Don’t get intimidated by the pressure campaign: It’s clear that through Wilson’s comments in the wake of the season, and with Rodgers’ statement to ESPN Thursday that included possible trade destinations for Wilson, the quarterback is hoping to apply some pressure against the Seahawks.
But some of the reason this is playing out in the media could be a result of the fact that Rodgers is a baseball agent whose only NFL client is Wilson, meaning he doesn’t have the option that most NFL agents do of contacting teams about other players and using then pivoting the discussion to Wilson. (Agents aren’t allowed to talk to teams about players who are under contract elsewhere.)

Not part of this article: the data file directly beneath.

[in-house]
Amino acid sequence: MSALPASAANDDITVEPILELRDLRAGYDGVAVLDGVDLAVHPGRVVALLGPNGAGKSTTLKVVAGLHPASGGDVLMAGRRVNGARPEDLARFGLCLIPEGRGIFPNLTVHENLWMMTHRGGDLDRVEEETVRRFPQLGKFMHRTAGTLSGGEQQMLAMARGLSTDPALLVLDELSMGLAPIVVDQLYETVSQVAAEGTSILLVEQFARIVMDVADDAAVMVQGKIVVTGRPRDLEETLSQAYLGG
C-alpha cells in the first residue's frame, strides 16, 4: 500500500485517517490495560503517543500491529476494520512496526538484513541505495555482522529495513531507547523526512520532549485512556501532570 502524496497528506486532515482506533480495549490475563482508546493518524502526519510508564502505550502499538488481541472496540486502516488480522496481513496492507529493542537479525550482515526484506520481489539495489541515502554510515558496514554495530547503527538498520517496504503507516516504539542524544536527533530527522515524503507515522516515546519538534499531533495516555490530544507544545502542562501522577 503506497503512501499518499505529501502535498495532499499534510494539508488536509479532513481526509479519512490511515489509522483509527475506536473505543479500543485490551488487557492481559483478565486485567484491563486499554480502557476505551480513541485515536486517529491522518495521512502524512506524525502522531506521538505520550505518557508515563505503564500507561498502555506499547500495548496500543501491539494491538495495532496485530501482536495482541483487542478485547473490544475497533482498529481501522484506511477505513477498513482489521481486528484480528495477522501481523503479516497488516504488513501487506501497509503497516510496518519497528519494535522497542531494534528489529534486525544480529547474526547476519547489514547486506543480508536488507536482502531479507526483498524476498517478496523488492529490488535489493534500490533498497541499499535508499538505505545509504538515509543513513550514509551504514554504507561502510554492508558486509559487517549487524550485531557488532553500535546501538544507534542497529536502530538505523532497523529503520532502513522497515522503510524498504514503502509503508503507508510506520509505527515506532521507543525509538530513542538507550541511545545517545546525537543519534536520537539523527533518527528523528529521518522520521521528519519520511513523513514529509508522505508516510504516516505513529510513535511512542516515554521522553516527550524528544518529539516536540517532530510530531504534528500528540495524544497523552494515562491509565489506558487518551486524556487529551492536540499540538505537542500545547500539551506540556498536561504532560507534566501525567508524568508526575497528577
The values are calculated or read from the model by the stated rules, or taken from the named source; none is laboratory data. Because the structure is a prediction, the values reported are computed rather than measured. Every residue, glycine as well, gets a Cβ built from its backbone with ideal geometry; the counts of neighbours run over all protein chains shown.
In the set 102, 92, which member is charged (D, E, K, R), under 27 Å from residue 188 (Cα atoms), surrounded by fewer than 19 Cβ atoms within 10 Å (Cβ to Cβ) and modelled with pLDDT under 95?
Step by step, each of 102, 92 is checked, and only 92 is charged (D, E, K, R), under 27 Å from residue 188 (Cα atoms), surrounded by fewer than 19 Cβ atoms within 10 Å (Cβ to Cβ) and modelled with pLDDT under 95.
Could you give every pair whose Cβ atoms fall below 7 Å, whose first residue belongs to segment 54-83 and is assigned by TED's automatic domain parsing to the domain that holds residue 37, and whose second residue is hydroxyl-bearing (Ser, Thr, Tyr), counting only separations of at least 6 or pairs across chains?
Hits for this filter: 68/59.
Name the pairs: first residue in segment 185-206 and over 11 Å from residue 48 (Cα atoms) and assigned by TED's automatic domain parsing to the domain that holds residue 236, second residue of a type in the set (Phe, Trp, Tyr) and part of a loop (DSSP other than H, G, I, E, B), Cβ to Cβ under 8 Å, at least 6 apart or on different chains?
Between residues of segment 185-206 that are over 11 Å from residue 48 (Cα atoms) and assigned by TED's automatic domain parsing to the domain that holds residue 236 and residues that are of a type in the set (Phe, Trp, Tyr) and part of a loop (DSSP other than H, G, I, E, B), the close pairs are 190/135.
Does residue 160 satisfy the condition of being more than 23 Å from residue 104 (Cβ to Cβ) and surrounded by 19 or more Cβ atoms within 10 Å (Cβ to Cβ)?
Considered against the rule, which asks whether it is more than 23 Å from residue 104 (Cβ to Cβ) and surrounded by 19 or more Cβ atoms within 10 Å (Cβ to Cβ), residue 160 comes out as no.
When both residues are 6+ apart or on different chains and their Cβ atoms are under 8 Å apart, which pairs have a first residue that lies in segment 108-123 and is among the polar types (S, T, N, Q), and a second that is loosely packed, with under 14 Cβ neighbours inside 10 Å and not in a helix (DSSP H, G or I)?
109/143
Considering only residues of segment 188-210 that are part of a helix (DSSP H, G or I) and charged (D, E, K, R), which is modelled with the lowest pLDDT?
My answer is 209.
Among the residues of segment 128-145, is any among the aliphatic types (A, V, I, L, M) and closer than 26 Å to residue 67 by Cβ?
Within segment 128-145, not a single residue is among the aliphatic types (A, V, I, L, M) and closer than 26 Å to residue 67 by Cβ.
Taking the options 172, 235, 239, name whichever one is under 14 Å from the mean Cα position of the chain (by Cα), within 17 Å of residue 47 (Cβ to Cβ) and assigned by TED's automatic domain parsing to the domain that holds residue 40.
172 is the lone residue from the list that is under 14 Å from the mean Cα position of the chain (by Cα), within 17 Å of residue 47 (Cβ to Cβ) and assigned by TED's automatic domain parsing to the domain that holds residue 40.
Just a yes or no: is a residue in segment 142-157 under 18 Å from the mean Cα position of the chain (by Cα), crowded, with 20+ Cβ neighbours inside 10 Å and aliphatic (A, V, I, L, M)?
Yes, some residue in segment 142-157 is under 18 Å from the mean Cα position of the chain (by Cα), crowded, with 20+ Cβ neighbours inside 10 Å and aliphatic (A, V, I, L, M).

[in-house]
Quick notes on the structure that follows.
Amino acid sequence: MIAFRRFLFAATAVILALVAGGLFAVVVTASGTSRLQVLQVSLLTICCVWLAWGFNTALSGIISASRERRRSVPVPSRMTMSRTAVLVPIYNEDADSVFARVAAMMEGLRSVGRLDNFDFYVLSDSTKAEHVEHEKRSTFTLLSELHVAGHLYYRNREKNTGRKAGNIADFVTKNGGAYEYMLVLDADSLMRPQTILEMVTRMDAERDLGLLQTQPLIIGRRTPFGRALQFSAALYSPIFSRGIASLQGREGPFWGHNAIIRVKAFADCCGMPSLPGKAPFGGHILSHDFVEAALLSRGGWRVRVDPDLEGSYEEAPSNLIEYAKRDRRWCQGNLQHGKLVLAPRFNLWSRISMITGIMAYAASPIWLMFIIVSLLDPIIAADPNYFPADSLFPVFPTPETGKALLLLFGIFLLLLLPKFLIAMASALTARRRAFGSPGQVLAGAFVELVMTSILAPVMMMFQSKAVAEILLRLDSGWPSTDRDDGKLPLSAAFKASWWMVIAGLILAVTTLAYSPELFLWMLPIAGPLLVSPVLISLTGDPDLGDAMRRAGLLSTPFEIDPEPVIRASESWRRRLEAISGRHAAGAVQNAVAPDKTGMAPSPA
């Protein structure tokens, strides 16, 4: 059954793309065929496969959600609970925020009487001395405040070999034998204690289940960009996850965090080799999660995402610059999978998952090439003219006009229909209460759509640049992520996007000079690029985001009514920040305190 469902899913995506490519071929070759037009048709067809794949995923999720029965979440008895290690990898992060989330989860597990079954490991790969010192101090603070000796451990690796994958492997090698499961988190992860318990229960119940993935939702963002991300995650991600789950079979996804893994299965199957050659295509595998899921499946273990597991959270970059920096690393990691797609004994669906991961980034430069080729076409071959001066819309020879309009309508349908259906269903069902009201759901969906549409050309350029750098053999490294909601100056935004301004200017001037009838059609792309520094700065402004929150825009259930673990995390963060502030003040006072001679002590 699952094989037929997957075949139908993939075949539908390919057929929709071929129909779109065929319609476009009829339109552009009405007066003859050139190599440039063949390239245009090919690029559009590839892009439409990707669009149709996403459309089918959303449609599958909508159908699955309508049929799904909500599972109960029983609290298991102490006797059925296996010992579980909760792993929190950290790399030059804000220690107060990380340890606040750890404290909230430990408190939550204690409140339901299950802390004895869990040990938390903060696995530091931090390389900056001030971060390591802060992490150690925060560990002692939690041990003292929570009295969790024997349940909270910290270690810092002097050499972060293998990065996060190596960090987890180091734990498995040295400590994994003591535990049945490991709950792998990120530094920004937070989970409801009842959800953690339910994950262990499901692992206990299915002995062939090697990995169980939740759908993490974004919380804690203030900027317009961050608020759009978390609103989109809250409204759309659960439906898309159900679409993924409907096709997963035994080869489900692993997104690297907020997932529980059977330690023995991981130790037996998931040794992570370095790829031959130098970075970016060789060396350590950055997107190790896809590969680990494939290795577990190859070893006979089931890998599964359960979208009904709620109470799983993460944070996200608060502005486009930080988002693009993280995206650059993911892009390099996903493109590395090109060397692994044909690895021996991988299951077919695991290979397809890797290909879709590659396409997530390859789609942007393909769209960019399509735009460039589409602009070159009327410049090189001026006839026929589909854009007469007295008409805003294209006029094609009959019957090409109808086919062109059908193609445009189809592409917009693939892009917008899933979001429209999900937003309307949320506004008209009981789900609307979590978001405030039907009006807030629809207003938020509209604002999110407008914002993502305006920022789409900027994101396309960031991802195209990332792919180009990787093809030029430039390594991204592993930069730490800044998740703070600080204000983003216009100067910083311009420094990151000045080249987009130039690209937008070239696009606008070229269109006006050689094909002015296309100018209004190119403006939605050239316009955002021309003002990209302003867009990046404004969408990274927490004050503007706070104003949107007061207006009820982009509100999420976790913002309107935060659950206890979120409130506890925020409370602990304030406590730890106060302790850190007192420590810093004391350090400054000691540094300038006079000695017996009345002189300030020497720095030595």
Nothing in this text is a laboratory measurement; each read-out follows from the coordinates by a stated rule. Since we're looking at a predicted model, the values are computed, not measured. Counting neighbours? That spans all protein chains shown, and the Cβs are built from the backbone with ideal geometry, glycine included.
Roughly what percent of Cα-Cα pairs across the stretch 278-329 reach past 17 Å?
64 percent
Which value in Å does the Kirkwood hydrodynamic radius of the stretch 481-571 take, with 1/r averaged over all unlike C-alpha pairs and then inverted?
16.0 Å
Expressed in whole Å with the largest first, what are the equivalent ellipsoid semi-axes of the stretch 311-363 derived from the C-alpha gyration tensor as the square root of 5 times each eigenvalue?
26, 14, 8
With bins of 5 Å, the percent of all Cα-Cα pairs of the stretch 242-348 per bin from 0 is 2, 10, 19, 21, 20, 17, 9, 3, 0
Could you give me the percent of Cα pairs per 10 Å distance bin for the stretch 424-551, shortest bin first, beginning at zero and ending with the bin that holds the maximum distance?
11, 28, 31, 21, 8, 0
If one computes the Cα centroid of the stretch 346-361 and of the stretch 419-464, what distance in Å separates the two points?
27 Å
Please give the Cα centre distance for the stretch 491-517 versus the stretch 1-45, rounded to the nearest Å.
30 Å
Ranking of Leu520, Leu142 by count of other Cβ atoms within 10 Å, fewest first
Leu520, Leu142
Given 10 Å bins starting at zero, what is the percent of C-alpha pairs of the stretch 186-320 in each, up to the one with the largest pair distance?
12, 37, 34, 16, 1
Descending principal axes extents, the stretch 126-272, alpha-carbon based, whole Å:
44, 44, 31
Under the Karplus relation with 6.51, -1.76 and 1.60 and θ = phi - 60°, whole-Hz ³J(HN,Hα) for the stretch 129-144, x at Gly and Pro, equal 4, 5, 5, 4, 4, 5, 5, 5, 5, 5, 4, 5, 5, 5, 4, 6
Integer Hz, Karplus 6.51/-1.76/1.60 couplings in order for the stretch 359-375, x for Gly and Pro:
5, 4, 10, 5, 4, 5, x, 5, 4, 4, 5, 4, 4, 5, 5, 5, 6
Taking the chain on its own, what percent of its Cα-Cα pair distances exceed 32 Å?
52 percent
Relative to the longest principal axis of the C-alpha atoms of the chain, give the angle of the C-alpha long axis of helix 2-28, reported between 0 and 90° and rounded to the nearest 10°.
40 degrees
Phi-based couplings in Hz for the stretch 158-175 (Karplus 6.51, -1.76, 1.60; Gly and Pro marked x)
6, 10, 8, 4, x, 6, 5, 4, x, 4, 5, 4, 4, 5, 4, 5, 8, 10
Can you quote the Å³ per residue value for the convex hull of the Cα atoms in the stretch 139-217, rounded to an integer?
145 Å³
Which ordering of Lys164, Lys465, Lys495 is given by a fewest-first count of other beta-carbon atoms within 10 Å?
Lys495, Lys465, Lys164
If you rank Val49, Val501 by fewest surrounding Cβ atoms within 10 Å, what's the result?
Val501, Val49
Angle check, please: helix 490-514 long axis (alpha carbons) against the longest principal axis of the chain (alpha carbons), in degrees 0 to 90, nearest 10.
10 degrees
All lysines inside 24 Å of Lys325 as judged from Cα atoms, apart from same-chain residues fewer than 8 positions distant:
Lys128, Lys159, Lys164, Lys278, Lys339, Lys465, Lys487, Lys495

Treat 2021 like a Super Bowl-or-bust season: Seahawks management should approach this season as though it’s their last run at the Super Bowl, and max out to assemble the best roster possible. They clearly aren’t all that far away, having won the NFC West last season with a 12-4 record.
If Wilson isn’t satisfied with the team’s changes and the Seahawks suffer another disappointing finish to the season, it’s possible he could demand a trade next offseason, putting Seattle in a difficult position.
But, ultimately, if the Seahawks win, they’ll be fine. Wilson just wants to win, and run deep into the playoffs or to next year’s Super Bowl would certainly solve a lot of problems.